Lise made an immeasurable contribution to island life in many different ways. She was full of energy, generating ideas and also clear-minded in how projects might be developed. It was her idea to make the Fair Isle keps that promoted the island’s involvement in the last Tall Ships Race by reminding folk of an older maritime tradition of barter with vessels passing by.

Lise was one of the team that produce the Fair Isle Times weekly during the school term. She was a peerie lass when head teacher Rod Thorn started it in 1978 with a front page of home news written by the school children. Over the years it evolved into a community newspaper and Lise could hardly have imagined that one day it would be her bairns writing for it and she’d be the editor, chivvying folk along to get articles written in time.

Another long-term commitment has been her dedication to the island choir where she challenged and stretched the singers that came under her baton, enabling them to perform exciting works for Easter and for Christmas. One of the most demanding was Given Days where she enthusiastically responded to new work composed by a young man with a Fair Isle connection, Alastair Stout, and a libretto by Jonathan Lennie. Members of the Lerwick Choral joined the Fair Isle Choir for performances in Fair Isle and Lerwick in 2002.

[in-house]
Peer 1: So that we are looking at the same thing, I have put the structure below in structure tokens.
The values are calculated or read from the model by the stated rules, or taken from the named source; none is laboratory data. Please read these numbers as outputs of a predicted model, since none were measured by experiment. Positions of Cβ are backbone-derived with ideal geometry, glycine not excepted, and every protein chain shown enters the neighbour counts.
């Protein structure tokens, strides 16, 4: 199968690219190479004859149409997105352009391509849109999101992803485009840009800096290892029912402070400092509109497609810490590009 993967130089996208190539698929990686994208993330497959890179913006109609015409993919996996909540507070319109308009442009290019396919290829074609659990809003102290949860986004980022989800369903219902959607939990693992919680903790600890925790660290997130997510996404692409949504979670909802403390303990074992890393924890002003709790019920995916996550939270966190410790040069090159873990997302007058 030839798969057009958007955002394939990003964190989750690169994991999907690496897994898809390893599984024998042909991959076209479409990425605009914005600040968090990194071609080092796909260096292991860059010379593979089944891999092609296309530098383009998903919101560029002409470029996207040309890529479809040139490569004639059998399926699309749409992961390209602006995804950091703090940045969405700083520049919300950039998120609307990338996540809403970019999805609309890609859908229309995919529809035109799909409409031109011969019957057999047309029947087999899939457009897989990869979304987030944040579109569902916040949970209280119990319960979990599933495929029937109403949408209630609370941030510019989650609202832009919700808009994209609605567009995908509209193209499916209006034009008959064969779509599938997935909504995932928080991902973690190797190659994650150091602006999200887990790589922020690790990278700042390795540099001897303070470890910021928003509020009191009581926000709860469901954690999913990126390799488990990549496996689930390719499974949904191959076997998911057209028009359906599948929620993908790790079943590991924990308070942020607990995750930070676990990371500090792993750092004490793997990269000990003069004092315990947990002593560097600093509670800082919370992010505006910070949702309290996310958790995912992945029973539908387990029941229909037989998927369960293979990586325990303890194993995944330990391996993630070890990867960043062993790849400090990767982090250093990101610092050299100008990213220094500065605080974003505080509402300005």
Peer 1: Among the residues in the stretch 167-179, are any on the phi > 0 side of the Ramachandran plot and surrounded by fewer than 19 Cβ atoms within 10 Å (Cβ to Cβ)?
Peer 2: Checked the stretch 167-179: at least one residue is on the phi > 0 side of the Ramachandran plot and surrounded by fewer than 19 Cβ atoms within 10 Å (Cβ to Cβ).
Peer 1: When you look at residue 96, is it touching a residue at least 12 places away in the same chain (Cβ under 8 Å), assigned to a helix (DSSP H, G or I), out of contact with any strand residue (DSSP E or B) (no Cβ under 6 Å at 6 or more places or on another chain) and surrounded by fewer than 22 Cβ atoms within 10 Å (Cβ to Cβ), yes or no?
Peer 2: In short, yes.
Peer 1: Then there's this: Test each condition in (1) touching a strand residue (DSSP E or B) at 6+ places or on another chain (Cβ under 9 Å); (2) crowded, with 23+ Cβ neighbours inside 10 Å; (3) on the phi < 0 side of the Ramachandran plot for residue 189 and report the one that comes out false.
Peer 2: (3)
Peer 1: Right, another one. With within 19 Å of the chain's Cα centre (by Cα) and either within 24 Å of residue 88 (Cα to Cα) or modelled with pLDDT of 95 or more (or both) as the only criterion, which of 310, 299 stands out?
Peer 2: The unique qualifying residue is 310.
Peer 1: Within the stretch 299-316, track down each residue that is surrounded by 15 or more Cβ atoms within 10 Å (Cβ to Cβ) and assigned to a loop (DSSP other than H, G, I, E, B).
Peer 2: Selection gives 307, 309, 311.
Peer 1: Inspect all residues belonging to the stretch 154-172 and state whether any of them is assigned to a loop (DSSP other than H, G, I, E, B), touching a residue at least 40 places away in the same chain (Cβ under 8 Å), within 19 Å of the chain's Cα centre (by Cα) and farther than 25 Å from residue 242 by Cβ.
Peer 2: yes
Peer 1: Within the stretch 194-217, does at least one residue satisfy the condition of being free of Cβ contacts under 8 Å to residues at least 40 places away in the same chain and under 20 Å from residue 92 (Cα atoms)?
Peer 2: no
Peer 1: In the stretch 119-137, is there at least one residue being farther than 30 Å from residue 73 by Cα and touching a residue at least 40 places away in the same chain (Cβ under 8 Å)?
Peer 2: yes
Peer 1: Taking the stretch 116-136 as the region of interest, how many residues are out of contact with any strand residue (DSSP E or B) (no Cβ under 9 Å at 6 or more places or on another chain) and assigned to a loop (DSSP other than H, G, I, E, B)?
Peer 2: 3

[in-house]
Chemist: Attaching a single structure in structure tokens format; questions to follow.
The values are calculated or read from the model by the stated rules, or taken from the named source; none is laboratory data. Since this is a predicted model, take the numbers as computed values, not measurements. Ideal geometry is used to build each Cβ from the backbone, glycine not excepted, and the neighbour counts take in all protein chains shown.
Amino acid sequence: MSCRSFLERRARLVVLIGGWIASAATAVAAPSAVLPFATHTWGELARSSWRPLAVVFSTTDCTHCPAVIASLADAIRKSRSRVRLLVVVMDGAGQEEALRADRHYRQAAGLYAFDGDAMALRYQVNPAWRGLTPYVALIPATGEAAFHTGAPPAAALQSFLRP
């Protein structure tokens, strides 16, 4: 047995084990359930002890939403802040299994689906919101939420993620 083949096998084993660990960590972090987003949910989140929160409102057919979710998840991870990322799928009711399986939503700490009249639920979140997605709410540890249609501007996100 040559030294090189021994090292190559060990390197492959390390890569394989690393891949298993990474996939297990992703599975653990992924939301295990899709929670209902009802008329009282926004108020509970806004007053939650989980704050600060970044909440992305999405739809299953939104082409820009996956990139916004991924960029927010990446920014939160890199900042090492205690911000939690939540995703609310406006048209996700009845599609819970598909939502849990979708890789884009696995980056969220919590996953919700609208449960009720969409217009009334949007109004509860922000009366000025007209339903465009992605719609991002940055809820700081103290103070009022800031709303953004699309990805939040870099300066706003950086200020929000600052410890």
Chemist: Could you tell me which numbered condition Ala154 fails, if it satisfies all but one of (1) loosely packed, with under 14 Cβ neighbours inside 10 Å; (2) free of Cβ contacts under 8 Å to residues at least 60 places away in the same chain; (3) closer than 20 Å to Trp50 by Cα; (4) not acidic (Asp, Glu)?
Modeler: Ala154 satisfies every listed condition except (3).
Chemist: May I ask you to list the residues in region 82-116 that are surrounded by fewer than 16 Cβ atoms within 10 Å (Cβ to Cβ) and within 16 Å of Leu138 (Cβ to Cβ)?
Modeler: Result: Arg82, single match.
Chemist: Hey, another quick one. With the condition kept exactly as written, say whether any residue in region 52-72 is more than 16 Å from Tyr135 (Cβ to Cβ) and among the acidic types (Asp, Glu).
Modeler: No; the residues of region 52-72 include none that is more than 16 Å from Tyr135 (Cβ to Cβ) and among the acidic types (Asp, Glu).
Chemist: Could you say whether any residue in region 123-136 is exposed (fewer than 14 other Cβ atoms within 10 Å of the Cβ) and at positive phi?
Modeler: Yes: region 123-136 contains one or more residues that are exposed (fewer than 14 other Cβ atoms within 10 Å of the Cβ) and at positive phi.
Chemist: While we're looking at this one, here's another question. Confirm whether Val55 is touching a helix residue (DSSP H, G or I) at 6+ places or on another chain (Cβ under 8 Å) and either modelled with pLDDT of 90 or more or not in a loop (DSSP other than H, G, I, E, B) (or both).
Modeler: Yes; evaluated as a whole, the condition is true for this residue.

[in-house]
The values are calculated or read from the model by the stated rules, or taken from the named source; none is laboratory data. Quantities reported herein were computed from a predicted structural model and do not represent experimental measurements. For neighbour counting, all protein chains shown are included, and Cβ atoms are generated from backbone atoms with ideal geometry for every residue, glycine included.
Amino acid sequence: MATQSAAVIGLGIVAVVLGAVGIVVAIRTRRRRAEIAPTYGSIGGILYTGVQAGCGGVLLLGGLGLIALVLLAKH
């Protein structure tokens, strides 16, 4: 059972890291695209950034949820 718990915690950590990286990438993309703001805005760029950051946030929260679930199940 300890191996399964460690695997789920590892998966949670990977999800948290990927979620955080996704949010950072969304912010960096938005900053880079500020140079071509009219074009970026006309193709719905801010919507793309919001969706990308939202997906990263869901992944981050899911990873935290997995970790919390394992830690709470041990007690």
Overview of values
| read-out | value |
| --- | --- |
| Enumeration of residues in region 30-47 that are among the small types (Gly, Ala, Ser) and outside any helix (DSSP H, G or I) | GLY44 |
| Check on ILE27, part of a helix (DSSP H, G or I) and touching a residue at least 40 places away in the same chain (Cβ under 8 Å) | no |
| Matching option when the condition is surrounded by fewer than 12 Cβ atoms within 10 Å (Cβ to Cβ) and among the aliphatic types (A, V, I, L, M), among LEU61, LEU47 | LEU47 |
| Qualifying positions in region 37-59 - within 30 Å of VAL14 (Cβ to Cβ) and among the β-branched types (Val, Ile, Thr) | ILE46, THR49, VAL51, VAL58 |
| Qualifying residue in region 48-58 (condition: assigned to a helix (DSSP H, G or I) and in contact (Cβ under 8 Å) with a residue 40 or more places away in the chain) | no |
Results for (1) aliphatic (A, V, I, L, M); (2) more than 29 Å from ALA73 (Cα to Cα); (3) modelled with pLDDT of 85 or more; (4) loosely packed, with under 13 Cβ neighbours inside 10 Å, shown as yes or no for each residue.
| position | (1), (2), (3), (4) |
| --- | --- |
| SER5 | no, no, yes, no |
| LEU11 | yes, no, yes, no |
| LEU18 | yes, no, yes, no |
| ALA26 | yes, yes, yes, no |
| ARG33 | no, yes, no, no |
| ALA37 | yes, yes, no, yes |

As well as her choral work in the local community, Lise was able to teach music in the school, an experience both she and the pupils enjoyed immensely.

Many of Lise’s significant musical achievements were collaborations which culminated in performance and recording. Her first really ambitious project was Ivver Entrancin Wis, where she set a series of Shetland poems to music for cello, harp, viola and voice. For the recording, she drew together a group of local and Scottish musicians, including Catriona McKay, Chris Stout and Wendy Weatherby. From hameaboot came Frideray, Deirdre Hayward’s Capella choir and Abby Hayward. The suite was first performed in 2004.

At the same time that Lise was interpreting the poetry of other writers in music, she was maturing as a poet herself. Her first solo collection came out the following year, 2005, with the simple title here.  2005 was a crucial year in Lise’s creative life since it brought the opportunity of an international platform for her writing.